In celebration of the tenth anniversary of It Takes a Village, this splendid edition includes photographs and a new Introduction by Senator Hillary Rodham Clinton.
A decade ago, then First Lady Hillary Rodham Clinton chronicled her quest -- both deeply personal and, in the truest sense, public -- to help make our society into the kind of village that enables children to become smart, able, resilient adults. It Takes a Village is "a textbook for caring.... Filled with truths that are worth a read, and a reread" (The Dallas Morning News).
For more than thirty-five years, Senator Clinton has made children her passion and her cause. Her long experience -- not only through her roles as mother, daughter, sister, and wife but also as advocate, legal expert, and public servant -- has strengthened her conviction that how children develop and what they need to succeed are inextricably entwined with the society in which they live and how well it sustains and supports its families and individuals. In other words, it takes a village to raise a child.
In her new Introduction, Senator Clinton reflects on how our village has changed over the last decade -- from the impact of the Internet to new research in early child development and education. She discusses issues of increasing concern -- security, the environment, the national debt -- and looks at where we have made progress and where there is still work to be done.
It Takes a Village has become a classic. As relevant as ever, this anniversary edition makes it abundantly clear that the choices we make today about how we raise our children and how we support families will determine how our nation will face the challenges of this century.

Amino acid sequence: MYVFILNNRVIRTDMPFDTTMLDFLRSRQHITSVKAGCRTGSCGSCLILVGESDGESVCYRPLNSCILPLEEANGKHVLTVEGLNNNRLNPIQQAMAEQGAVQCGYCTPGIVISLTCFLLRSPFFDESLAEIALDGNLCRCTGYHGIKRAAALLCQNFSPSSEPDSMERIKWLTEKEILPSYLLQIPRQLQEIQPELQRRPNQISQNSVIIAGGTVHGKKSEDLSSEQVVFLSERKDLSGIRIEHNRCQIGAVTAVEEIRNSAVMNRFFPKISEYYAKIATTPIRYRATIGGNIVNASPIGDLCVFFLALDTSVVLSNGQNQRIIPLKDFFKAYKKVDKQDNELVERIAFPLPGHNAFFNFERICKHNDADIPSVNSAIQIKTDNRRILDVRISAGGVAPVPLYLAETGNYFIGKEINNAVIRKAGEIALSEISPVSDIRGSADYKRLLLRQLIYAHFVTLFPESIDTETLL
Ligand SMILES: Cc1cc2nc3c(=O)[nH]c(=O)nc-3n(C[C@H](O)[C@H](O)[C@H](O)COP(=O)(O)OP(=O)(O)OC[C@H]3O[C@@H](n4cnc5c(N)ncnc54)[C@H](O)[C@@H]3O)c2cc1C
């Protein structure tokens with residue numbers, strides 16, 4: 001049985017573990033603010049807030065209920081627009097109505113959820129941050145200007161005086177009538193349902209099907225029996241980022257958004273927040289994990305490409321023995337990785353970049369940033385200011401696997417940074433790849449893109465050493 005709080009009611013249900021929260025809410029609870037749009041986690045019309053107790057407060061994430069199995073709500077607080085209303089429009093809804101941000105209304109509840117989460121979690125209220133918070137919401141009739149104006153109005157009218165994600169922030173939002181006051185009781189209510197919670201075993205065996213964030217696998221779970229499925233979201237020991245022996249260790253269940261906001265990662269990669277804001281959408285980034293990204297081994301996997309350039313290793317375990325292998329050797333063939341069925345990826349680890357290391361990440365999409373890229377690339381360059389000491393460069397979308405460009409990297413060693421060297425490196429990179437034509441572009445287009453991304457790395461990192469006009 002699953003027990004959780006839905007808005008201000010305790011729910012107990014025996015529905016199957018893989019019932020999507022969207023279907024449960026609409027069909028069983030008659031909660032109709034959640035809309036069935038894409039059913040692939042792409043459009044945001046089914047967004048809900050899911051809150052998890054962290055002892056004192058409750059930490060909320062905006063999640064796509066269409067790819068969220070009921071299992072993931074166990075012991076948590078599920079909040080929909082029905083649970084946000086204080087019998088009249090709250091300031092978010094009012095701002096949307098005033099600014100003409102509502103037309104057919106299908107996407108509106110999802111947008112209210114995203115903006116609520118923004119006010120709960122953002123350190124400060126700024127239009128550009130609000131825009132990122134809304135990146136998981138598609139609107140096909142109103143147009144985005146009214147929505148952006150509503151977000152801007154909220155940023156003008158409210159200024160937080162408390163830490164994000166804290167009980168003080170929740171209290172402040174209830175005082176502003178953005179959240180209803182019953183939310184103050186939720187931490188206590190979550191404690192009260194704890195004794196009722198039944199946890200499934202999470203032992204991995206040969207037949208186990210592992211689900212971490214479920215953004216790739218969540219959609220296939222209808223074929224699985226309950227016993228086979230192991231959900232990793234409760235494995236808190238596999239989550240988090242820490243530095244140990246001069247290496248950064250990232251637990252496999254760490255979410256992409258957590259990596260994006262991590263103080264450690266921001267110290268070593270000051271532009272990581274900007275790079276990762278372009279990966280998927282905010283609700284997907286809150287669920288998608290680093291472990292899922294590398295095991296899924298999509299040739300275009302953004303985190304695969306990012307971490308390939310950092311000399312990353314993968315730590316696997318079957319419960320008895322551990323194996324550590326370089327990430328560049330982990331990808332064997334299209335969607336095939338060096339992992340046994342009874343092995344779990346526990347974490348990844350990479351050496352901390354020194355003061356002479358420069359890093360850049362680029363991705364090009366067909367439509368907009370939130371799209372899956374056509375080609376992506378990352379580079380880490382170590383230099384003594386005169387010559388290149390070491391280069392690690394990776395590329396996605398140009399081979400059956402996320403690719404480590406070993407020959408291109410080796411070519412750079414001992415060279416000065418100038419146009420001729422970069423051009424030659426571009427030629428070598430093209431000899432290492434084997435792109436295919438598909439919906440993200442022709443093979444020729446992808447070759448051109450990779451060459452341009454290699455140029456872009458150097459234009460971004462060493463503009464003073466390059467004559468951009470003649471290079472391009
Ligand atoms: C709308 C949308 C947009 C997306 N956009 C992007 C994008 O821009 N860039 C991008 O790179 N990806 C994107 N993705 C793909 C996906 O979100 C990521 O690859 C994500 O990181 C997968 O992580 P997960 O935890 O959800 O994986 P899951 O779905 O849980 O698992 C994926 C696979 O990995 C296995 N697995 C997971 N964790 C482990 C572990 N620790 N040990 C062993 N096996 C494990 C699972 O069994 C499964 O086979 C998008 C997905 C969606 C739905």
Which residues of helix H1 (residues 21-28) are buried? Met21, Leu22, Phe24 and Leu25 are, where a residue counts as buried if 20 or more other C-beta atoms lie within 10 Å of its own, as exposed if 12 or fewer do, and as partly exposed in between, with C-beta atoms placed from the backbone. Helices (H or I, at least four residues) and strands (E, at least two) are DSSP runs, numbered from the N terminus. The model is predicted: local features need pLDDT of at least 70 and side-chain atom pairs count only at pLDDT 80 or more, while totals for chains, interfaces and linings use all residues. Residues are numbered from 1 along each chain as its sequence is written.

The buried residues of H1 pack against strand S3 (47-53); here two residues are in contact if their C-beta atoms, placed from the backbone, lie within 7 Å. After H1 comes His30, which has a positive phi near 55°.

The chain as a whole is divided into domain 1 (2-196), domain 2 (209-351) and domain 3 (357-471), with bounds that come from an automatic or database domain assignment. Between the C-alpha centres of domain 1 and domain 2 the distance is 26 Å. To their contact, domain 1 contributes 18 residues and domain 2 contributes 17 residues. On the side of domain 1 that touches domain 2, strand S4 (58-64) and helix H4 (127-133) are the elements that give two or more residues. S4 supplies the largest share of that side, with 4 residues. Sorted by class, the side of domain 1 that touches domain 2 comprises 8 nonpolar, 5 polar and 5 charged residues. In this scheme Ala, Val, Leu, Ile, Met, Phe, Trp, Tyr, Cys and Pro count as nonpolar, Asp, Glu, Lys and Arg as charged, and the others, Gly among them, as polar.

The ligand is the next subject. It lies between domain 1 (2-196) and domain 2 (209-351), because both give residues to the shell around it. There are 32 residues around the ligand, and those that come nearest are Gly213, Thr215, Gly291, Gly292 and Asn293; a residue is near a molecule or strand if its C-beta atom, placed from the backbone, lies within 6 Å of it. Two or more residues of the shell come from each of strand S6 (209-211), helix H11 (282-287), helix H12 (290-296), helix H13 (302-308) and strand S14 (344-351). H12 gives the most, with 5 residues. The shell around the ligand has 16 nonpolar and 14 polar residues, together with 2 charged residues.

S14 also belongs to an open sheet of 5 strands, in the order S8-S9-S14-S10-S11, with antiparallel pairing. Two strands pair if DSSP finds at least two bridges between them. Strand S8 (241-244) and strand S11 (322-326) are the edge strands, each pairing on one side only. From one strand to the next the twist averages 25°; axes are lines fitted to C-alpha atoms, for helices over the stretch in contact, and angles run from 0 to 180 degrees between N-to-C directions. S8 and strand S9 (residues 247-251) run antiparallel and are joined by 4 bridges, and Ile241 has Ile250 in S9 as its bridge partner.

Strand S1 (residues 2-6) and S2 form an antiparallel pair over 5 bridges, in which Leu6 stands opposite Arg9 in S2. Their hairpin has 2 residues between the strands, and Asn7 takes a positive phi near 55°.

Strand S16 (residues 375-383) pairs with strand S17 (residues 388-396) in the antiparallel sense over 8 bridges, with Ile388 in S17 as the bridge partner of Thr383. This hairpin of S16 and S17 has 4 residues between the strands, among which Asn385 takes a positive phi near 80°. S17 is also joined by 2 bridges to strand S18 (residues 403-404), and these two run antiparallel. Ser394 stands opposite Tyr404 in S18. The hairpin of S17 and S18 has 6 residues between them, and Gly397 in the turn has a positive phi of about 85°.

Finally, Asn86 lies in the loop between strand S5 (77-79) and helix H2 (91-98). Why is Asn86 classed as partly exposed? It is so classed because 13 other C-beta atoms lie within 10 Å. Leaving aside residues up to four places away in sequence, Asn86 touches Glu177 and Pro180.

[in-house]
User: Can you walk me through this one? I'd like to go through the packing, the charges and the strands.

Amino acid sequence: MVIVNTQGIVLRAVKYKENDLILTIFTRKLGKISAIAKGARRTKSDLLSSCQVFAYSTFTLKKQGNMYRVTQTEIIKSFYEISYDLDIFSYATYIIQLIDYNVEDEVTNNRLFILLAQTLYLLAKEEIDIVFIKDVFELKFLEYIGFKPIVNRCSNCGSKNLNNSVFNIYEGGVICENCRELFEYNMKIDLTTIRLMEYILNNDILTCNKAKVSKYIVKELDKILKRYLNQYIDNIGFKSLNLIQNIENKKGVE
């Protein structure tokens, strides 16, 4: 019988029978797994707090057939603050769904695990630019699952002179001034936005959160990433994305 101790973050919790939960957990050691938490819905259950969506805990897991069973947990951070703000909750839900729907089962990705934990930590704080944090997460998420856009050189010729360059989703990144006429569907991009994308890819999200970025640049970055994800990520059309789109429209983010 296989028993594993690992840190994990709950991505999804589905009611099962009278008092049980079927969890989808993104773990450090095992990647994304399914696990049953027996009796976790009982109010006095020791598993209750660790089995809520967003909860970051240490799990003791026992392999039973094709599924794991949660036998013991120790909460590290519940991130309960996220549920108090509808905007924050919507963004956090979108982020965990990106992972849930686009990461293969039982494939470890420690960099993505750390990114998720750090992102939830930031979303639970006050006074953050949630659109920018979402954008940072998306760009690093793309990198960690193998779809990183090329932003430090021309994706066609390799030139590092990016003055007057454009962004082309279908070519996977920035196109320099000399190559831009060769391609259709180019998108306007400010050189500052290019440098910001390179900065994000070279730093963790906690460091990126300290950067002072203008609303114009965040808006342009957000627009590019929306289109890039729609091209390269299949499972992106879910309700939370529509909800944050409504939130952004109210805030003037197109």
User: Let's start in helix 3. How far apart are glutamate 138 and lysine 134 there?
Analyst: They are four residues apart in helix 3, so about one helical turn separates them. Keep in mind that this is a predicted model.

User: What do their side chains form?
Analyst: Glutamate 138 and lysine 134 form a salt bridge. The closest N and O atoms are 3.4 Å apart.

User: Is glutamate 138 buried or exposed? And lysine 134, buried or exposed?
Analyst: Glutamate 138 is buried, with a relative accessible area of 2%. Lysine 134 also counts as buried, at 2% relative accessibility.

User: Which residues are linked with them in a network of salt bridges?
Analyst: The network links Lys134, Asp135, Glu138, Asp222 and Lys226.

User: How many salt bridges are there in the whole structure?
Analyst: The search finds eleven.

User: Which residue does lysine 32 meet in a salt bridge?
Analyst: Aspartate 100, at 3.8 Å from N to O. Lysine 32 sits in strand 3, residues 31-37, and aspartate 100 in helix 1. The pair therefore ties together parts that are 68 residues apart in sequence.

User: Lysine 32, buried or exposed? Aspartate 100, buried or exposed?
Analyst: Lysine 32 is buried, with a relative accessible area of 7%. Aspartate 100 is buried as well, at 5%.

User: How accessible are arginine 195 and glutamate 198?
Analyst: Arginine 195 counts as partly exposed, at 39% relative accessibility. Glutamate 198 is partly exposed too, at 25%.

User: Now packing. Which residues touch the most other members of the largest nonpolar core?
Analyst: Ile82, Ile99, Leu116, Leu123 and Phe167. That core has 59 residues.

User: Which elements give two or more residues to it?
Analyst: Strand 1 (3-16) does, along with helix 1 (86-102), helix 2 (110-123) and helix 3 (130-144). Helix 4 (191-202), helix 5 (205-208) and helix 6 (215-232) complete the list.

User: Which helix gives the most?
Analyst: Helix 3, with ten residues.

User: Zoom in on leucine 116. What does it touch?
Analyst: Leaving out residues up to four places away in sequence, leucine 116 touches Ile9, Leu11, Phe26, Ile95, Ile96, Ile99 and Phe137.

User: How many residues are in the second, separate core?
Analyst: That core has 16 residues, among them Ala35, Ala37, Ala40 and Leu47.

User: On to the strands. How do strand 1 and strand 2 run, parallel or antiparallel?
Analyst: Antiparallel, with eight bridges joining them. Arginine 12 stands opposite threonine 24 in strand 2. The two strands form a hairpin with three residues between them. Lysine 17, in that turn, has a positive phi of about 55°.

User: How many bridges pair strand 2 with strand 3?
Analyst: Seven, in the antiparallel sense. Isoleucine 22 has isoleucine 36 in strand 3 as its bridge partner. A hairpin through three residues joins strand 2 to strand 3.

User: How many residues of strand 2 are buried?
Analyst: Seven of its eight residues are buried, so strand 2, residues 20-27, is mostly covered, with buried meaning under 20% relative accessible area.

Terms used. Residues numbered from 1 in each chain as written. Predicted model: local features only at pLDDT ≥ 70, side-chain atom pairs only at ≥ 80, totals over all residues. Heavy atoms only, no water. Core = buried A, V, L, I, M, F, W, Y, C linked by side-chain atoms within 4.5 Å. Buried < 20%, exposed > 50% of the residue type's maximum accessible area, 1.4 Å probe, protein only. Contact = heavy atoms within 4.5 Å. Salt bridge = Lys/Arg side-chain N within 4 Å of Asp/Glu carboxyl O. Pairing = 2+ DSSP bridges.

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Simon & Schuster
December 12, 2006
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Excerpt from It Takes a Village by Hillary Rodham Clinton
It Takes a Village
We cannot live for ourselves alone. Our lives are connected by a thousand invisible threads, and along these sympathetic fibers, our actions run as causes and return to us as results.
Children are not rugged individualists. They depend on the adults they know and on thousands more who make decisions every day that affect their well-being. All of us, whether we acknowledge it or not, are responsible for deciding whether our children are raised in a nation that doesn't just espouse family values but values families and children.
I have spent much of the past twenty-five years working to improve the lives of children. My work has taught me that they need more of our time, energy, and resources. But no experience brought home the lesson as vividly as becoming a mother myself.
When Chelsea Victoria Clinton lay in my arms for the first time, I was overwhelmed by the love and responsibility I felt for her. Despite all the books I had read, all the children I had studied and advocated for, nothing had prepared me for the sheer miracle of her being. For the first time, I understood the words of the writer Elizabeth Stone: "Making the decision to have a child -- it's wondrous. It is to decide forever to have your heart go walking around outside your body."